Directed by Keith Thomas.
Starring Ryan Kiera Armstrong, Zac Efron, Sydney Lemmon, Kurtwood Smith, Michael Greyeyes, Gloria Reuben, John Beasley, Tina Jung, Hannan Younis, Gavin Maciver-Wright, Sheila Boyd, and Jamillah Ross.
A girl with extraordinary pyrokinetic powers fights to protect her family and herself from sinister forces that seek to capture and control her.
Stephen King is such a rich storyteller in terms of characterization that whenever watching one of the several cinematic adaptations of his work, it’s immediately evident when those characters are stripped down of any complexity and to their basics.
Directed by Keith Thomas (his second full-length feature following under the radar horror debut The Vigil, which is a hell of a lot more worth checking out than this) and written by Scott Teems (partially responsible for last year’s Halloween Kills, which only makes it easier to single him out as more to blame for this generic remake treatment), Firestarter doesn’t even feel like a fully formed, complete movie. As such, there are characters here that don’t even serve a purpose, in addition to much of their backstory, details, and layers ripped away.
There’s an early montage showing the voluntary experiments from The Shop (specifically the effects of a drug dubbed Lot Six), headed up by Kurtwood Smith’s Dr. Joseph Wanless, who I can only hope transformed into his beloved That 70s Show sitcom character Red Forman and asked if everyone was on dope while shooting this. Jokes aside, that montage is a blur of images lacking horror, suspense, and vision.
That somewhat sums up Firestarter, but with dated special effects and nonsensical action sequences; at one point, someone is set on fire inside a car, except the flames don’t burn up the vehicle itself. And if you think the filmmakers will go all out creating an indestructible pyrokinetic force, bad news because all it takes is some flame retardant attire to render those powers useless (even when the film has shown other devastating abilities that our protagonist could use in this situation).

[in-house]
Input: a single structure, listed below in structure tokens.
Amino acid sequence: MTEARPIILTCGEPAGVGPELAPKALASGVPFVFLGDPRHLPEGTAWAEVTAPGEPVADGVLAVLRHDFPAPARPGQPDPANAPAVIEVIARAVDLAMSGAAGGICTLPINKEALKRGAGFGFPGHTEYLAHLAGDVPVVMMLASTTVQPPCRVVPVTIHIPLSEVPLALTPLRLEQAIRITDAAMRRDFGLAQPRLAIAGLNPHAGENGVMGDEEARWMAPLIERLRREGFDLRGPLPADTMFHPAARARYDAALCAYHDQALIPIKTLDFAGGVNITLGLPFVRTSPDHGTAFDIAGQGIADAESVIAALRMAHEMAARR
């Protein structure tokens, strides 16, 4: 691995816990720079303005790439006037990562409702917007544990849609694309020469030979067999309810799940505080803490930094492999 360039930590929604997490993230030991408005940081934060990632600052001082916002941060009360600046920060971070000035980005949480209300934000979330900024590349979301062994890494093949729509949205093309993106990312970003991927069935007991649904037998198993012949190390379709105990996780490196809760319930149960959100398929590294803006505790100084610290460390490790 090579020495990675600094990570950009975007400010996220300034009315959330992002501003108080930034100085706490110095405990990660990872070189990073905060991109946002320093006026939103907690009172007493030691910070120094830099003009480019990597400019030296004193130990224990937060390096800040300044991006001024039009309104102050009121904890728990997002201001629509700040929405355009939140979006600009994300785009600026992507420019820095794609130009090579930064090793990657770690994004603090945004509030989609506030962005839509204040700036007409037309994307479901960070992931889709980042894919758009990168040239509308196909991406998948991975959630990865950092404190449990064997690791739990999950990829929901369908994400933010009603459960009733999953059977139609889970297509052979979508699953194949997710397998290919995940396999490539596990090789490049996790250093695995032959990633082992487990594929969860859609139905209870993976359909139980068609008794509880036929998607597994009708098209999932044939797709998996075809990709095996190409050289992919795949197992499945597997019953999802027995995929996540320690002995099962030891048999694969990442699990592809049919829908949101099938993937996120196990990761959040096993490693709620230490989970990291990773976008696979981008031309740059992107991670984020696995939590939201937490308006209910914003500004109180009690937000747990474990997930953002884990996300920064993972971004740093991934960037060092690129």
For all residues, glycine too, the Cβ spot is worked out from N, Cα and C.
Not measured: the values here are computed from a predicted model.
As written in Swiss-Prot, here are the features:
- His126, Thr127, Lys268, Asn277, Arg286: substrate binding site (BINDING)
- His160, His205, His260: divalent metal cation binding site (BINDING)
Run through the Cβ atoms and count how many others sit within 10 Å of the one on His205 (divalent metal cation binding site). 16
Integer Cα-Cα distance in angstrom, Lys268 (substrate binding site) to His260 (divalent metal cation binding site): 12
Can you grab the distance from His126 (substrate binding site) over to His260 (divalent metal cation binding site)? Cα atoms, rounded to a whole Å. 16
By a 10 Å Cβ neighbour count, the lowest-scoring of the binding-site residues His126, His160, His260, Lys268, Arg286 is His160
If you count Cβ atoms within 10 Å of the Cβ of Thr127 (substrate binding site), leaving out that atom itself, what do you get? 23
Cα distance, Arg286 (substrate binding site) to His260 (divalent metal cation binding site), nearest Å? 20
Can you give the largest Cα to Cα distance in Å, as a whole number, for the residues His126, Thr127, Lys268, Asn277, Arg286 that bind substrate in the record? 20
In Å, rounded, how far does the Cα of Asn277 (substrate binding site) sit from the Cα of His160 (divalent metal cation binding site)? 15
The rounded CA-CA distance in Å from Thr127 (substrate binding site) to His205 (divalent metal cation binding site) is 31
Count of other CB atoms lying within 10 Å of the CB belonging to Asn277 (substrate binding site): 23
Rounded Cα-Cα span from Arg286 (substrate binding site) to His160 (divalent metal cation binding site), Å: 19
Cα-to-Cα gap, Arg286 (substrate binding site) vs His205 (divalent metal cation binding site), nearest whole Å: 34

I don’t enjoy picking apart logic like that during set-pieces, especially from a horror-action movie called Firestarter, but some movies just wear the brain down until it’s mush. Coincidentally, Zac Efron’s Andy McGee suffers from brain bleeding whenever he deploys telepathic manipulation powers that emerge from Lot Six intake. I can only assume Zac Efron himself went through something similar onset, feeling the potential slip away from each scene shot.
Andy lives off the grid with his wife Vicky (Sydney Lemmon) and 11-year-old daughter Charlie (Ryan Kiera Armstrong, an unfortunate situation for a child actor to be in, let down by everyone and everything surrounding her). But before going any further, please tell me who the hell would choose “McGee” as their fake name while hiding from the mysterious government agency known as The Shop (I’m aware the names are unchanged from the original adaptation and novel, but it’s still goofy). I would also love to tell you more about The Shop, but all I can say is that the film swaps between three or four different villainous characters, barely defining any motives beyond studying powers for nefarious purposes.